Vitiligo Support International Inc. (VSI) is a patient driven 501(c)(3) nonprofit organization offering a comprehensive resource of vitiligo education, research and awareness for those whose lives have been affected by vitiligo.

We are here to address your questions and concerns and help you connect with our community. You will find the hope, support and healing that can only be offered by those who understand best - those who have walked in your shoes.

Herbs & Autoimmune Disease

Normally the immune system's army of white blood cells helps protect the body from harmful substances, called antigens such as bacteria, viruses, toxins, cancer cells, and foreign blood or tissues from another person or species. The immune system produces antibodies that destroy these harmful substances.

In patients with an autoimmune disorder, the immune system can't tell the difference between healthy body tissue and antigens. The result is an immune response that destroys normal body tissues. The response is a hypersensitivity reaction similar to allergies, where the immune system reacts to a substance that it normally would ignore. With autoimmune disorders, the immune system reacts to normal body tissues. With vitiligo, the immune system is attacking your melanocytes which are the pigment making cells.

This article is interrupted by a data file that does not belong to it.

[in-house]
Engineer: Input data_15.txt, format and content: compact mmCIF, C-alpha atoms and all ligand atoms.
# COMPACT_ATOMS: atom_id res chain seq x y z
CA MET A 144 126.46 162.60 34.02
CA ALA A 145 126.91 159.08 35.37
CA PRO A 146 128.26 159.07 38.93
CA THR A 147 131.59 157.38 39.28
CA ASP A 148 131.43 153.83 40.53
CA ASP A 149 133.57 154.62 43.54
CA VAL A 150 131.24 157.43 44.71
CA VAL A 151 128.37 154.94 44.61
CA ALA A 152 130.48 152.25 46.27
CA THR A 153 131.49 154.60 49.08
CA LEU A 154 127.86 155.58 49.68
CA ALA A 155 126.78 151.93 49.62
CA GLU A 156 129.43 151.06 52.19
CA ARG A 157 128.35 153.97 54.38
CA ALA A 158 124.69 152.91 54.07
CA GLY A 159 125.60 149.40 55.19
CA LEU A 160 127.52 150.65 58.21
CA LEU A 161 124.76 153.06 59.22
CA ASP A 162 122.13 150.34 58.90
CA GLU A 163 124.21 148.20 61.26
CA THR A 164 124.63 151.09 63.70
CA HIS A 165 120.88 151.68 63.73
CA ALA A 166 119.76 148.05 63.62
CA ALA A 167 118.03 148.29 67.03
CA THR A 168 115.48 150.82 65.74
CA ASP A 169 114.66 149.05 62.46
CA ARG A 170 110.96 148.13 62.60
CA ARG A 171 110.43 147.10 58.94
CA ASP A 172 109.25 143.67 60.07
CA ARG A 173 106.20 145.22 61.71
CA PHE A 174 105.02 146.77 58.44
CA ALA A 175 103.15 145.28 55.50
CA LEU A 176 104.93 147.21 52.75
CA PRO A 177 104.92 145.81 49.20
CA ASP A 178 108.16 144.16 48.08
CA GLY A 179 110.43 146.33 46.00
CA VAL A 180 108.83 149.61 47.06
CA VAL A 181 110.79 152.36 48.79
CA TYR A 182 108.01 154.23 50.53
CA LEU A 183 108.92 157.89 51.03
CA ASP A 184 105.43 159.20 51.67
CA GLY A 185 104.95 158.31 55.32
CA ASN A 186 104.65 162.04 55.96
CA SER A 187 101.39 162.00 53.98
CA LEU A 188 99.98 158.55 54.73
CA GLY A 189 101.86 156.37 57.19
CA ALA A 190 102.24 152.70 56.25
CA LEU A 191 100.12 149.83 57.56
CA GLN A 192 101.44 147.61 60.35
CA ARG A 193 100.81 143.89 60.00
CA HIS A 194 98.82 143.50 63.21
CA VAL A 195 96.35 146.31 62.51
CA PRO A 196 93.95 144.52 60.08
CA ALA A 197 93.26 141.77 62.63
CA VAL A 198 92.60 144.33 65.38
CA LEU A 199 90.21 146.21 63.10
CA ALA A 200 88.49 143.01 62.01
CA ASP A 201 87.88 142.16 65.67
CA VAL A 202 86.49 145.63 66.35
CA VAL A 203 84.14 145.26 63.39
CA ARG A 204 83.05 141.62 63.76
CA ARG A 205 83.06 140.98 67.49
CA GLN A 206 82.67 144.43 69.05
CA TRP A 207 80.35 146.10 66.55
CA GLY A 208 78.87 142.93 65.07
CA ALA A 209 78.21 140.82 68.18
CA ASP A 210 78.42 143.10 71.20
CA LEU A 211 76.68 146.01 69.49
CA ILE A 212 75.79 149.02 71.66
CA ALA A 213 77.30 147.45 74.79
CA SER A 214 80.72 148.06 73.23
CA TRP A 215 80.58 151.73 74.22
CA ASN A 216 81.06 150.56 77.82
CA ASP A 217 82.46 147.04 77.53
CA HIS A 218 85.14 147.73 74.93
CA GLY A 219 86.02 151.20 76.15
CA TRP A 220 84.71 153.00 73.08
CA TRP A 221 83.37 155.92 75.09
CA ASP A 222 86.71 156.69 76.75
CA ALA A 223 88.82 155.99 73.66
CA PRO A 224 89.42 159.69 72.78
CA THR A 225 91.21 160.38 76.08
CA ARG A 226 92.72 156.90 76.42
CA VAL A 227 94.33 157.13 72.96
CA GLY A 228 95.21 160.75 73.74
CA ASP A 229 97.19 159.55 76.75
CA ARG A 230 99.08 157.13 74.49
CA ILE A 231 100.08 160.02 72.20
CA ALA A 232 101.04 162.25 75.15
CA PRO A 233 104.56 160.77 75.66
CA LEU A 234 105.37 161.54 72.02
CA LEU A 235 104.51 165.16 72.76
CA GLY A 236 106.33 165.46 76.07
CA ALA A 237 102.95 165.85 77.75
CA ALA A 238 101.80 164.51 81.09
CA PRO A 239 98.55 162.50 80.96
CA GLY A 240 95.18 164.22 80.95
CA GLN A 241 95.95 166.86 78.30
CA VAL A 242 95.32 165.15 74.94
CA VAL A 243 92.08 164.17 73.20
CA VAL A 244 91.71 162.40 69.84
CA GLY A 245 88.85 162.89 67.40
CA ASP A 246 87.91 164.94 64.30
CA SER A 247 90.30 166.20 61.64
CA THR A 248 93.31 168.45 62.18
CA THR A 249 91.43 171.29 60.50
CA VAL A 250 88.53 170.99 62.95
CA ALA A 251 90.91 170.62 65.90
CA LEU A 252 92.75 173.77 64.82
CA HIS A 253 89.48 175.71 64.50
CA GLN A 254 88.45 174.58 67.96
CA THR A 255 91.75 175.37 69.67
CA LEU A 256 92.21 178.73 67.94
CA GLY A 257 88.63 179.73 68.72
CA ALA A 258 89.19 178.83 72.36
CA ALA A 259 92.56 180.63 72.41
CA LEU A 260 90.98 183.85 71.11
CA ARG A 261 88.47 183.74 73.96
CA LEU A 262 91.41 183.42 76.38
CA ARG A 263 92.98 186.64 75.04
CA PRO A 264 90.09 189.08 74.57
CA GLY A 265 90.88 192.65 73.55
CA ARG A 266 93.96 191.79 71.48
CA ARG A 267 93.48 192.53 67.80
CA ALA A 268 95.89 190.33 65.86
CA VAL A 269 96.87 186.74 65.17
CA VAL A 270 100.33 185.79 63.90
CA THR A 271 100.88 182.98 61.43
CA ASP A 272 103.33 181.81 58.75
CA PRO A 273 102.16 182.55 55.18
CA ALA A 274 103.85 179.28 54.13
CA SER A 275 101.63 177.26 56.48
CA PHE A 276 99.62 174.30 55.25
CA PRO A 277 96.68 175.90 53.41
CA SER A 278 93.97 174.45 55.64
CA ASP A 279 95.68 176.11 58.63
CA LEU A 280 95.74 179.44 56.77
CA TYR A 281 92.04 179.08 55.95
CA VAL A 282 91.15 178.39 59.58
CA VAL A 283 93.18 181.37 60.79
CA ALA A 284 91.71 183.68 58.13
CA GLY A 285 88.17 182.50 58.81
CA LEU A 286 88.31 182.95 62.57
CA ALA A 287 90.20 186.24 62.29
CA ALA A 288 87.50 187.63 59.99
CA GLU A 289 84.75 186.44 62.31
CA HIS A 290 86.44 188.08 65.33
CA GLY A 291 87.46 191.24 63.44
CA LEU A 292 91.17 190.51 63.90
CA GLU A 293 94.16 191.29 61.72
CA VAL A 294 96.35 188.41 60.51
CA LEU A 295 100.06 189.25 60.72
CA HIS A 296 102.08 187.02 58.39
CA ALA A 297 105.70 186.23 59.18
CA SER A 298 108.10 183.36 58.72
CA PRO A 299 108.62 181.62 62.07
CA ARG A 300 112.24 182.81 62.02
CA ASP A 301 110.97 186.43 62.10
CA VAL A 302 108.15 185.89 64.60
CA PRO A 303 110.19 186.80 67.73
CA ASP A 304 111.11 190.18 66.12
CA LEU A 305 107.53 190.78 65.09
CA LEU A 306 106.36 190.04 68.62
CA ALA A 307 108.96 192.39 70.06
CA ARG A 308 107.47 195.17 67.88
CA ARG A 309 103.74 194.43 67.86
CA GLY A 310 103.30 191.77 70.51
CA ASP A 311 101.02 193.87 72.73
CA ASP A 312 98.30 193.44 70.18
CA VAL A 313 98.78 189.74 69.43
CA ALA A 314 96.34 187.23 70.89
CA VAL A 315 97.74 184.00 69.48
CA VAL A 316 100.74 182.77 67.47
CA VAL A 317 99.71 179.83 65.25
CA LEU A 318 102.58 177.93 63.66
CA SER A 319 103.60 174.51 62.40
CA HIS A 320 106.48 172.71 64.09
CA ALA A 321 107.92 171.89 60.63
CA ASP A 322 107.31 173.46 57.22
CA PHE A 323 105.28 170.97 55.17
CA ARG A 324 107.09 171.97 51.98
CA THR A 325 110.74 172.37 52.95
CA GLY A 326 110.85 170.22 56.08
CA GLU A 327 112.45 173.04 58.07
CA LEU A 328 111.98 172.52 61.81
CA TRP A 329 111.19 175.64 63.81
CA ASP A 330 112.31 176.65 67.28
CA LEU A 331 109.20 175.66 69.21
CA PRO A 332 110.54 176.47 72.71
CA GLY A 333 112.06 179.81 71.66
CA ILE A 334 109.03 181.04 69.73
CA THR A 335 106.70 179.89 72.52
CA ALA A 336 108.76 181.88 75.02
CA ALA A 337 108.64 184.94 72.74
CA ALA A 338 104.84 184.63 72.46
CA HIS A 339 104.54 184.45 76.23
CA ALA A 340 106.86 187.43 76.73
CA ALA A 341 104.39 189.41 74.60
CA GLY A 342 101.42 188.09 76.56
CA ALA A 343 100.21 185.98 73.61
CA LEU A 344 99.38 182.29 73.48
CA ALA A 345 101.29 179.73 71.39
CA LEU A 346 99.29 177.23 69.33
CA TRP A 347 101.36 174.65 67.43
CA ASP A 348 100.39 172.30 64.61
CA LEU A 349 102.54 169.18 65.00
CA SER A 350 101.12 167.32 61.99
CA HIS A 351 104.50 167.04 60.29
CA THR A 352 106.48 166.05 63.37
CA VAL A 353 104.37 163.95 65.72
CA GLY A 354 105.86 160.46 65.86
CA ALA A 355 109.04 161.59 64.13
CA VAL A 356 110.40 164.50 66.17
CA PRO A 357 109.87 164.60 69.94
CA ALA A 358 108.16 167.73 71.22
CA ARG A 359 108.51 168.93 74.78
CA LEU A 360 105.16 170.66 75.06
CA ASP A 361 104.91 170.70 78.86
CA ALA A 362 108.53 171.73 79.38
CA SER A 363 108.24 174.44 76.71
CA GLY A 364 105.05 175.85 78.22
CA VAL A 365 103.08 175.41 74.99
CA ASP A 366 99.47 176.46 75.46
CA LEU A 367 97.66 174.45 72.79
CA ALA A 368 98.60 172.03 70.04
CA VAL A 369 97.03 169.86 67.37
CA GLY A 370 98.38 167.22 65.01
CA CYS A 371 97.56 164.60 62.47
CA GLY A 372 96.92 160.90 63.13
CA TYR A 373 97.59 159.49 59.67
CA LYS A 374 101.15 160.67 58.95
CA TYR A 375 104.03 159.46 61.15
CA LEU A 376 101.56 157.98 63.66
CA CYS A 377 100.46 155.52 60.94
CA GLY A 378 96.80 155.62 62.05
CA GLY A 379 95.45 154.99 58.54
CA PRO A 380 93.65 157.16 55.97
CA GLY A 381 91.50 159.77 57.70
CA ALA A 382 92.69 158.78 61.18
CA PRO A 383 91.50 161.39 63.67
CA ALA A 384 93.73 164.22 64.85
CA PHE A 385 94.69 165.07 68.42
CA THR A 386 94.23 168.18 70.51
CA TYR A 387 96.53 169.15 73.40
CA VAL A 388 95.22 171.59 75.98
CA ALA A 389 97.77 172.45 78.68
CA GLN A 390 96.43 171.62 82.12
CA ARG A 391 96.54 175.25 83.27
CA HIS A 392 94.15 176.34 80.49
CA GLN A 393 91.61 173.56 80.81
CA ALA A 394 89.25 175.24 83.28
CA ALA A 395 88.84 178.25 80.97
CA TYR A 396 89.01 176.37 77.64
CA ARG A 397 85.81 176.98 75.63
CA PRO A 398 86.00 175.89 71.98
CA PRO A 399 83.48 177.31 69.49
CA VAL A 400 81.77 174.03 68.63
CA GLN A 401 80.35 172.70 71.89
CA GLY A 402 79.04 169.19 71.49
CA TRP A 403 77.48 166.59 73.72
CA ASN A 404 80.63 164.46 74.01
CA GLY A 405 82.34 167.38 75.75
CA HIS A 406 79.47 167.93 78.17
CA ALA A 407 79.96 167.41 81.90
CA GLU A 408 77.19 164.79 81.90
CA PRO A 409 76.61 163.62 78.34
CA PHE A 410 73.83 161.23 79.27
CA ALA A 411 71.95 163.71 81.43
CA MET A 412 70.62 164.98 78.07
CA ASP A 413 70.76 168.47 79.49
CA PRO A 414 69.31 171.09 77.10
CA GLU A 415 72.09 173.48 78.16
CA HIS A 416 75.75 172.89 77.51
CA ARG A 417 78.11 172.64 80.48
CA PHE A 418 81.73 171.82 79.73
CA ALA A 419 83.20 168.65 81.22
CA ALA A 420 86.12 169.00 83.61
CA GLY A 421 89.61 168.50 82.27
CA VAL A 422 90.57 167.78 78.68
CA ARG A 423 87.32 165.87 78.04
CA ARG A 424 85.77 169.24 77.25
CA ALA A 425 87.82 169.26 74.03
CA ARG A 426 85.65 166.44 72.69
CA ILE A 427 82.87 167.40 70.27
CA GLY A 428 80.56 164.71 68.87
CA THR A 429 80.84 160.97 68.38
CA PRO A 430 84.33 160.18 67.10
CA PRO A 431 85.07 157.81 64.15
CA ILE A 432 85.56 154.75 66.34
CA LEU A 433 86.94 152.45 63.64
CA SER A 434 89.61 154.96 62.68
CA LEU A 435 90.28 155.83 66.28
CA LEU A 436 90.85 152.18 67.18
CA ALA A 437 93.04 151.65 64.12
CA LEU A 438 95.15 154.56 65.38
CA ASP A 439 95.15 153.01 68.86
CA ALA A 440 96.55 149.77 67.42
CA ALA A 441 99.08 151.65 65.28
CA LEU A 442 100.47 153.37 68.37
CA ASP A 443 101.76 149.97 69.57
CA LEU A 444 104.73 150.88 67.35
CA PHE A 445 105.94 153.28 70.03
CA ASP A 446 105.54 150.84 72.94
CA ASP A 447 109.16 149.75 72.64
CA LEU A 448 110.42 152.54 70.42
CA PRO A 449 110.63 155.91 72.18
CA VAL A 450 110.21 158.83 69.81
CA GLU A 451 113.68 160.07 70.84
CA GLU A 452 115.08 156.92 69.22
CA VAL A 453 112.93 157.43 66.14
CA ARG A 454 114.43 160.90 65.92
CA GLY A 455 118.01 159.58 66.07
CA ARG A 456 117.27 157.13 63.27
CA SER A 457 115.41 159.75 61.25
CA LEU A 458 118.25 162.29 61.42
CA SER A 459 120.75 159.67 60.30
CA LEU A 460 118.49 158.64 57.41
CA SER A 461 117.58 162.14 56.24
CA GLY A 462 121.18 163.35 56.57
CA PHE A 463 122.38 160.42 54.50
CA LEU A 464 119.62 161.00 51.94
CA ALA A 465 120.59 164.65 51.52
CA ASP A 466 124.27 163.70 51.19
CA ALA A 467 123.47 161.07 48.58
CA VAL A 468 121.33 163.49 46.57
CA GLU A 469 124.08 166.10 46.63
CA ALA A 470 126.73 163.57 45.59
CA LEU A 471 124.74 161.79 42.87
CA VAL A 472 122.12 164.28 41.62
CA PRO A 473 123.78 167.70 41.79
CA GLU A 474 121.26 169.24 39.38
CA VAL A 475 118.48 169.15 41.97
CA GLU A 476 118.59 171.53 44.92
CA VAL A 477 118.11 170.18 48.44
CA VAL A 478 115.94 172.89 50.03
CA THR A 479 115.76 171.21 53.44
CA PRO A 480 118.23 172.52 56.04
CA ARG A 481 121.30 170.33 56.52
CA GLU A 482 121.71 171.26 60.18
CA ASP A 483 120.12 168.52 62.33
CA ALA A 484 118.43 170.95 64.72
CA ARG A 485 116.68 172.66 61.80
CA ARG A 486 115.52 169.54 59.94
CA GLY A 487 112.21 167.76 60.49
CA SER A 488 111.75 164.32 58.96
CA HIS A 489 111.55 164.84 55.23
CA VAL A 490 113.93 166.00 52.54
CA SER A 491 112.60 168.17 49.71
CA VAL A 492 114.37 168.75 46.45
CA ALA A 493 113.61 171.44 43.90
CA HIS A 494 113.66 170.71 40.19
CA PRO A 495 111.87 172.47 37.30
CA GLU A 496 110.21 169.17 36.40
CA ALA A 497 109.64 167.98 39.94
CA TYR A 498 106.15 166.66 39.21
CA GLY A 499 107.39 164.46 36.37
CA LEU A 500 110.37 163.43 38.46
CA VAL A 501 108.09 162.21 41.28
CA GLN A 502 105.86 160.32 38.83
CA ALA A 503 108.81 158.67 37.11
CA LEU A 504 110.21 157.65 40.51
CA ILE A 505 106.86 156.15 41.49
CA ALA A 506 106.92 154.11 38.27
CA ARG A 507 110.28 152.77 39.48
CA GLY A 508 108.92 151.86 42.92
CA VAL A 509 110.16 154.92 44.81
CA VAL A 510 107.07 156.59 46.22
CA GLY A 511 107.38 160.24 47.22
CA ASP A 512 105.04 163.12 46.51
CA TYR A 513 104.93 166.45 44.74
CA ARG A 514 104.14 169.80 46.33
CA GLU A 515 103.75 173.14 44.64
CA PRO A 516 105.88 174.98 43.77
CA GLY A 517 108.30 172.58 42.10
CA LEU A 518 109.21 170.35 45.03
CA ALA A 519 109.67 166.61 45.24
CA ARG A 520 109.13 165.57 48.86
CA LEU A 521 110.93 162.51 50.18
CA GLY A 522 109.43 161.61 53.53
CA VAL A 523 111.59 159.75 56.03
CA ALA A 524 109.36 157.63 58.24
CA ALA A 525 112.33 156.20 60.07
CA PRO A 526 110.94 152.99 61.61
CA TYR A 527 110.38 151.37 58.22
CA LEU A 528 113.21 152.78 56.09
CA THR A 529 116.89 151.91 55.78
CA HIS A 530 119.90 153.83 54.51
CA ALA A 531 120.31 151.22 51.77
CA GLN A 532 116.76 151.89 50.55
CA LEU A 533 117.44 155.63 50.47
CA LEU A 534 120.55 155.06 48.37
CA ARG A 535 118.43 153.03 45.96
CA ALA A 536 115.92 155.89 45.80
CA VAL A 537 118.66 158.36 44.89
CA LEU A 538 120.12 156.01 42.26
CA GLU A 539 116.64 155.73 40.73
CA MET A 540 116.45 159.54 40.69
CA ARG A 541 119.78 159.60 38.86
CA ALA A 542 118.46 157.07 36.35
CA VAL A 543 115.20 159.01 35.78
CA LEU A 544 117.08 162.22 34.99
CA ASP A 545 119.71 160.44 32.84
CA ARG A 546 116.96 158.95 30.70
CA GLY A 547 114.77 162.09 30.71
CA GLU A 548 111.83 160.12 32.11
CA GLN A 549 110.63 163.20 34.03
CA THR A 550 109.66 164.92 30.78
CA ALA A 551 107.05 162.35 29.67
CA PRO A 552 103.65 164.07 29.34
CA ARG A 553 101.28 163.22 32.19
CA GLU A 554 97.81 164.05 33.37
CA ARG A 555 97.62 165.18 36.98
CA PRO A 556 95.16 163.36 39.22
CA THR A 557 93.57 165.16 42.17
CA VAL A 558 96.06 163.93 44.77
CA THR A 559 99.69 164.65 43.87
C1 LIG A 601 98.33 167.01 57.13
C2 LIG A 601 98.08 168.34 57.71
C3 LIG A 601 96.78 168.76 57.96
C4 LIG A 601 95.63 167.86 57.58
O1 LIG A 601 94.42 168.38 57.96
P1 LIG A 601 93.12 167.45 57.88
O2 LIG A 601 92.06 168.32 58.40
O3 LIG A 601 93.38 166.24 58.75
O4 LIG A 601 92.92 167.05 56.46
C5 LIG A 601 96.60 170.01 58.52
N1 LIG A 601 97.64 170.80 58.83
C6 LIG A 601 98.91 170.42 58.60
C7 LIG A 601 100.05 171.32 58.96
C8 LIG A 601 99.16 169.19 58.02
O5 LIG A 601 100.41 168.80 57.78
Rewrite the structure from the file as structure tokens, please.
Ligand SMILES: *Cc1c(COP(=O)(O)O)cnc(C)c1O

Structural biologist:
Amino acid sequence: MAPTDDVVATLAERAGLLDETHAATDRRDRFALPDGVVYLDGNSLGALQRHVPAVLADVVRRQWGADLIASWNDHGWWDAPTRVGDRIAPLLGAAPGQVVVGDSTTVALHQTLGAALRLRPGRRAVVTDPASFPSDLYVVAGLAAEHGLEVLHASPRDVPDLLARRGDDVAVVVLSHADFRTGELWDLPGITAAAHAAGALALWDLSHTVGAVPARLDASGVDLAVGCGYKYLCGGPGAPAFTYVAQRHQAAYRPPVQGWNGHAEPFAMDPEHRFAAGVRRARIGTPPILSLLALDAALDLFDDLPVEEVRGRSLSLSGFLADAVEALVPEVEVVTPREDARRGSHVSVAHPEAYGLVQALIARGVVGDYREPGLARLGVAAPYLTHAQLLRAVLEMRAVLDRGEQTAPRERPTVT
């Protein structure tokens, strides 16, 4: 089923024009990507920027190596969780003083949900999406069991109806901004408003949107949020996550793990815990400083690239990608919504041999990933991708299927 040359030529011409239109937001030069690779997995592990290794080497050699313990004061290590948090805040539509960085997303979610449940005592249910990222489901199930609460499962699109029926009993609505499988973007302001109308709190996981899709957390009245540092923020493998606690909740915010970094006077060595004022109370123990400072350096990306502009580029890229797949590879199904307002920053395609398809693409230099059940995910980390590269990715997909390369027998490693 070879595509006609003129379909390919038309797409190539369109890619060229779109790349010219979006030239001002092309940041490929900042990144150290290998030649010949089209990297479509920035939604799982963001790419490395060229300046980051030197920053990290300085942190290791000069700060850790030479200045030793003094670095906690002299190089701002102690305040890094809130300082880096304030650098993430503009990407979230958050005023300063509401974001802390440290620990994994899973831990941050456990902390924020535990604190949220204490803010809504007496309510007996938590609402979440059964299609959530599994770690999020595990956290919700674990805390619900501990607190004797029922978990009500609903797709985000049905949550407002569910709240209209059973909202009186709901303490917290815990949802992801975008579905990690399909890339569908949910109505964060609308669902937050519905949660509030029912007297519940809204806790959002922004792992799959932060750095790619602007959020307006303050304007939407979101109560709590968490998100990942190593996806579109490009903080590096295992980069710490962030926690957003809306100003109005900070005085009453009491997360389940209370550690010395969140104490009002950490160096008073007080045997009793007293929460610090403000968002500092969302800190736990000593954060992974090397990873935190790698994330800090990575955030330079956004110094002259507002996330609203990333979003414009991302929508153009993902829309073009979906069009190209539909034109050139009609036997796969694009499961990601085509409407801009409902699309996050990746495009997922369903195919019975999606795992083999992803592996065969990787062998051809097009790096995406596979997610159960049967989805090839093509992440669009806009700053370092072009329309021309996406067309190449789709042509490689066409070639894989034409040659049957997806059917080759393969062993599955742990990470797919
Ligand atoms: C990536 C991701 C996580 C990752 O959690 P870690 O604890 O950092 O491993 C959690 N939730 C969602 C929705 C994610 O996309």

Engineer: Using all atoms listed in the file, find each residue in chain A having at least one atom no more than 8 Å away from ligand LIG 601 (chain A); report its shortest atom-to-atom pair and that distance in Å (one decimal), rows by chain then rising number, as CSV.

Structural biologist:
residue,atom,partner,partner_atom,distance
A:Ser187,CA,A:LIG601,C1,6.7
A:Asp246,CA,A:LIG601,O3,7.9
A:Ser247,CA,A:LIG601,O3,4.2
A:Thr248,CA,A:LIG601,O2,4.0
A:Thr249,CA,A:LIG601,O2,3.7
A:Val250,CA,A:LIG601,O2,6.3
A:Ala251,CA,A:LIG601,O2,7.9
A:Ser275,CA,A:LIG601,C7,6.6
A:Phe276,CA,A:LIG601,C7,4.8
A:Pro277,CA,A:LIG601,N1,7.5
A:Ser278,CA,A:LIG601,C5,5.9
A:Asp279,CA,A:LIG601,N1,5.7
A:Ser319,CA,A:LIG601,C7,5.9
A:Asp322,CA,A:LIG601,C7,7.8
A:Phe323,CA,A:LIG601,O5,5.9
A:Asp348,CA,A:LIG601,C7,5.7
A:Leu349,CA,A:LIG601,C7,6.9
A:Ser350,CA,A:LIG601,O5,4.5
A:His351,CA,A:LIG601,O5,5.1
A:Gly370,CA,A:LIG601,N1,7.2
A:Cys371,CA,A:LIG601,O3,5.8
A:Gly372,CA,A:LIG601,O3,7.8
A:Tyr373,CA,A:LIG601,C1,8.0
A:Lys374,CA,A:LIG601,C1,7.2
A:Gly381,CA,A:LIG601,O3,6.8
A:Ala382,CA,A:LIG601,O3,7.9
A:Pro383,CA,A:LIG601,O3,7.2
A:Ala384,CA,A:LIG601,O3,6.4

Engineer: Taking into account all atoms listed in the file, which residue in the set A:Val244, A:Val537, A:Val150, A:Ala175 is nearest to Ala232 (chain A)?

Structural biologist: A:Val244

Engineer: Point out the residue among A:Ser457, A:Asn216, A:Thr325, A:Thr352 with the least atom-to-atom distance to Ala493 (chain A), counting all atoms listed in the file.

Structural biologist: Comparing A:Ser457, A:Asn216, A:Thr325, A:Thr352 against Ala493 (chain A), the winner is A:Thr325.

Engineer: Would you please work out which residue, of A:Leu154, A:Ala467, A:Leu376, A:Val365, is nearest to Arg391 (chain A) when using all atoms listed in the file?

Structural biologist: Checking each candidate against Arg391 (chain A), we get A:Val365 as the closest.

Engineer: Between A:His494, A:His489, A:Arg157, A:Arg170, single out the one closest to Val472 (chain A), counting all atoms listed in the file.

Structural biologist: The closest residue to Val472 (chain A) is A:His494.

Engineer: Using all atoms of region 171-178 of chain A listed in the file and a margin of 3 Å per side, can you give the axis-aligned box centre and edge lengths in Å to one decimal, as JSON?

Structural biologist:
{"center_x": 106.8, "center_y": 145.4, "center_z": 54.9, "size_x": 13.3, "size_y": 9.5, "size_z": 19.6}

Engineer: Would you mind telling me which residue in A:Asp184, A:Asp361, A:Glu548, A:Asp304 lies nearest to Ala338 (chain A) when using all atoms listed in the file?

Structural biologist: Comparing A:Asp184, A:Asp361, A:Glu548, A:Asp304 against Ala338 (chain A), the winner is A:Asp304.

People with autoimmune diseases, including vitiligo, must be cautious in the use of herbs. Many herbs, like Goldenseal, Astragalus, Echinacea and Spirulina are immune boosters. If the immune system is attacking your melanocytes, boosting it further with these types of herbs could be problematic.

Immunostimulatory herbal supplements may exacerbate preexisting autoimmune disease or precipitate autoimmune disease in persons genetically predisposed to such disorders. Increased production of TNF-alpha may play a role, although more research is needed for clarification.

Some studies have shown that Echinacea may worsen the effects of autoimmune disorders. Studies looking at this issue are few in number and largely inconclusive. However, until sufficient evidence emerges, it is recommended that echinacea supplements should not be used by those suffering from autoimmune diseases. (Greenhills Ginsen Limited, 1998)

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